If you are thinking about bringing a Basenji into your home, you will simply need to know how much exercise they will need. How often will you need to walk them and can or should they go on long walks? What about running and other activities? These are all questions that you likely have and that I’ll be addressing here today.
So, how much exercise do Basenjis need? Basenjis have lots of energy and need to have several walks a day, with two to three hours of exercise recommended for the average adult. Basenjis also need to be able to run, but under supervision because of their strong prey drive. If they don’t get enough exercise, Basenjis are known to misbehave as their quick minds get bored with inactivity.
So, if you do take on this breed, you are going to need to be particularly active
Just consider that puppy Basenjis will require much less exercised to begin with.
In fact, they need to be introduced to it carefully and slowly.
Structured walks should only begin once they are three months old (with only 15-minute walks at a time to begin with.)
But we will now explore this much further in the next few sections along with other recommendations for this breed as they age.
So keep reading!
How Often Do Basenjis Need to Be Walked?
Basenjis need to be walked at least twice a day, no matter their age. This breed has a tendency to gain weight if they don’t get enough exercise. However, the length of each walk will be determined by their age.
Younger puppies don’t need quite as much exercise as adults, but they still need to get out several times a day.
Start your three-month-old puppy with several short walks per day of 15 minutes each. You can then increase the time your puppy is walking as he grows.
A general guide for exercising puppies is as follows
Two walks of five minutes for each month of age.
So for example, a four-month-old Basenji could enjoy walks for 20 minutes at a time, twice a day.
Or a puppy of six months could enjoy walks for 30 minutes at a time, twice a day.
Puppies will need to go to the toilet more often than adult dogs, so they will require more frequent trips outdoors. This doesn’t mean a walk each time, though!
Puppies can usually hold their bladders for the same length of time as their age.
When they’re two months old, two hours is the longest you can expect your puppy to wait to go outside to the toilet.
If you wish, you can take advantage of your puppy’s frequent need to go outside with some leash training.
Leash training is essential for Basenjis right from puppyhood so that when you’re walking your dog, he isn’t walking you!
Basenjis are strong-willed dogs who will want to pull ahead, so you need to teach them how to behave on the leash.
Once you go out for longer walks, you’ll be glad your dog knows how to heel.
Adult Basenjis will need several walks a day – at least two – and the total exercise time should be at least two hours.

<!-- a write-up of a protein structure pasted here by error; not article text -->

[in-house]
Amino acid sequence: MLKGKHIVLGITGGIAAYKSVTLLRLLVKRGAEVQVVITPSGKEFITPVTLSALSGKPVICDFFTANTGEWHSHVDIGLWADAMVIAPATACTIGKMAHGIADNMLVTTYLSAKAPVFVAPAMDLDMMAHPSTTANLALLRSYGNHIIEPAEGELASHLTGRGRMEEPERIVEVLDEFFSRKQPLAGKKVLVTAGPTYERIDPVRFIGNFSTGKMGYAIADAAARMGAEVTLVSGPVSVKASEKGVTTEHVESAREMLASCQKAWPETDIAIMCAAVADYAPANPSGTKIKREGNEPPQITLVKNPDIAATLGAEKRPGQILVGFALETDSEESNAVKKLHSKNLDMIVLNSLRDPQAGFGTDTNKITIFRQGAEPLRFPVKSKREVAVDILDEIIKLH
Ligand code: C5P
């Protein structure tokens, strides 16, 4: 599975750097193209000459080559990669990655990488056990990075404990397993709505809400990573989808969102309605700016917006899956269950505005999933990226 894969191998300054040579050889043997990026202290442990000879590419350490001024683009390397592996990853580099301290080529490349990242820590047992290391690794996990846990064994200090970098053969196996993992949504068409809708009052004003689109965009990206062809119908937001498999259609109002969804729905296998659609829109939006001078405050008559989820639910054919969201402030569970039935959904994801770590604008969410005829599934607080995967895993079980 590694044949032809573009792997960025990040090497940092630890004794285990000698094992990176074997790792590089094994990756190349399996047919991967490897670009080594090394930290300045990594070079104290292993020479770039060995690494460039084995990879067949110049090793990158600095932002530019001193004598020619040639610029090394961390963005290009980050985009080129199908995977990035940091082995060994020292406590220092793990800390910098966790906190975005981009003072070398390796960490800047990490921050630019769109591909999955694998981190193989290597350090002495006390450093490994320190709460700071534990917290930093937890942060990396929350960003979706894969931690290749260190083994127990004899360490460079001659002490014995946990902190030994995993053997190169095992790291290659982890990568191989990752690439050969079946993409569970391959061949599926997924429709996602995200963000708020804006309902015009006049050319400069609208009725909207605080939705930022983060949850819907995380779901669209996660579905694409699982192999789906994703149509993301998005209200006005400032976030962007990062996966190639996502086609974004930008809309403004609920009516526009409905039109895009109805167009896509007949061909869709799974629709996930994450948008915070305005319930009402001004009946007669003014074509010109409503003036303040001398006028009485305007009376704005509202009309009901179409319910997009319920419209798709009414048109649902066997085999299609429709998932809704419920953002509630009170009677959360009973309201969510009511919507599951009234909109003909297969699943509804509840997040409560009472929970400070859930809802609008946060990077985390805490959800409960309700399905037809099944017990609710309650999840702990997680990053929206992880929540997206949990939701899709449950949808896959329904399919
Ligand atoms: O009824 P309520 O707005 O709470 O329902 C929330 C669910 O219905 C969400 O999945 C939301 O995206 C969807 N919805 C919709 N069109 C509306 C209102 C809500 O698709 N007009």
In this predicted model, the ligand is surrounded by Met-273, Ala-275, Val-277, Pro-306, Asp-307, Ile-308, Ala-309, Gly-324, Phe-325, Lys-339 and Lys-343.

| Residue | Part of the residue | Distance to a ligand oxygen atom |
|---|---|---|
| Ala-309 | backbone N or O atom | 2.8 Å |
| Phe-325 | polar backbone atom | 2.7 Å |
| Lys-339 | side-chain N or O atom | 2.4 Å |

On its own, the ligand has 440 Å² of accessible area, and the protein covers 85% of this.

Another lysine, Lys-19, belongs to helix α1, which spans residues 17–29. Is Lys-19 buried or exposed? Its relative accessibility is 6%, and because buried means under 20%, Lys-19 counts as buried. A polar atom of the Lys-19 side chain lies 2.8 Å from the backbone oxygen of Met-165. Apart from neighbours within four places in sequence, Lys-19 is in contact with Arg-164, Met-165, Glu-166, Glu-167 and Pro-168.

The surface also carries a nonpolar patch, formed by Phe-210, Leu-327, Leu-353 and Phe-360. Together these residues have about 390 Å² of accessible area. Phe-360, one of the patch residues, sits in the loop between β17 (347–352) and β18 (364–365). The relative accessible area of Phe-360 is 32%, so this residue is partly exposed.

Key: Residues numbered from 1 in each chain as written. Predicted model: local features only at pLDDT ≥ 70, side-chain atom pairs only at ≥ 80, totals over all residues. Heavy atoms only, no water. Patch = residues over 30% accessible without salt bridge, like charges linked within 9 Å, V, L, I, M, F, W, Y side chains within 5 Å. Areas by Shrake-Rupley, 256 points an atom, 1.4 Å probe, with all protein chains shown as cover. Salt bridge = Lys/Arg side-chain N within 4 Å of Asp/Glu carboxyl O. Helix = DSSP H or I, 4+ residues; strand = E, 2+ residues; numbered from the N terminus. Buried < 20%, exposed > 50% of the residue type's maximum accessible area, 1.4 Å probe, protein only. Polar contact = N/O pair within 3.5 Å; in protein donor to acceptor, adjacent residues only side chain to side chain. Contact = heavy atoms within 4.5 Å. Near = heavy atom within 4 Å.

If you can walk your adult Basenji three times daily, that’s even better. Keeping your dog active is essential for his mental and physical health.
Although Basenjis need several walks a day, you can break this up with other activities (see below.)
One thing Basenjis love to do is go swimming. If you’re fortunate enough to have a body of water nearby, you can take your Basenji there for walks with a swim.
Can Basenjis Go On Long Walks?
Once Basenjis have reached their adult size (by 14 months old), they can go on long walks. Make sure each walk lasts at least 30 minutes.
Basenjis will happily go on long walks and hikes, but they are usually nervous around strangers and unfamiliar animals.
You may want to bring chew toys along with you on long walks, as Basenjis love to chew.
On wet days, though, you may find your Basenji will refuse to go outside!
Basenjis can do well in hot weather (they were hunting dogs in the Congo), but they might require booties and a dog coat for colder days.
An adult Basenji who is at least one year old may be able to work up to runs or hikes of five miles.
Remember, though, that even well-trained Basenjis won’t always come when you call them.
Before heading out on a trail through the wilderness, get yourself a very long lead with a harness.
Hunters used to put bells on their Basenjis so that they could hear them when the dogs hunted with their people.
Do Basenjis Like Walks?
Basenjis like walks, although ideally they most enjoy walks in nice weather and that keep their minds occupied as well as their bodies.
Basenjis are quite athletic dogs who are agile and fast, both mentally and physically.
Because of their intelligence, Basenjis will be thinking while they’re walking.
They want to engage their brains as well as their paws, so the more stimulating you can make your walks, the more your Basenji will enjoy it.
Remember, though, that you will have to keep your Basenji on a (long) lead.
Basenjis will take off at a run after other animals, whether they are beloved pets or wild animals.
They are faster than many other animals, and their strong prey drive means they are hardwired to catch and kill anything that runs.
Basenjis do enjoy walks, but they won’t necessarily come when you call them – they’re known for wanting to do what they want.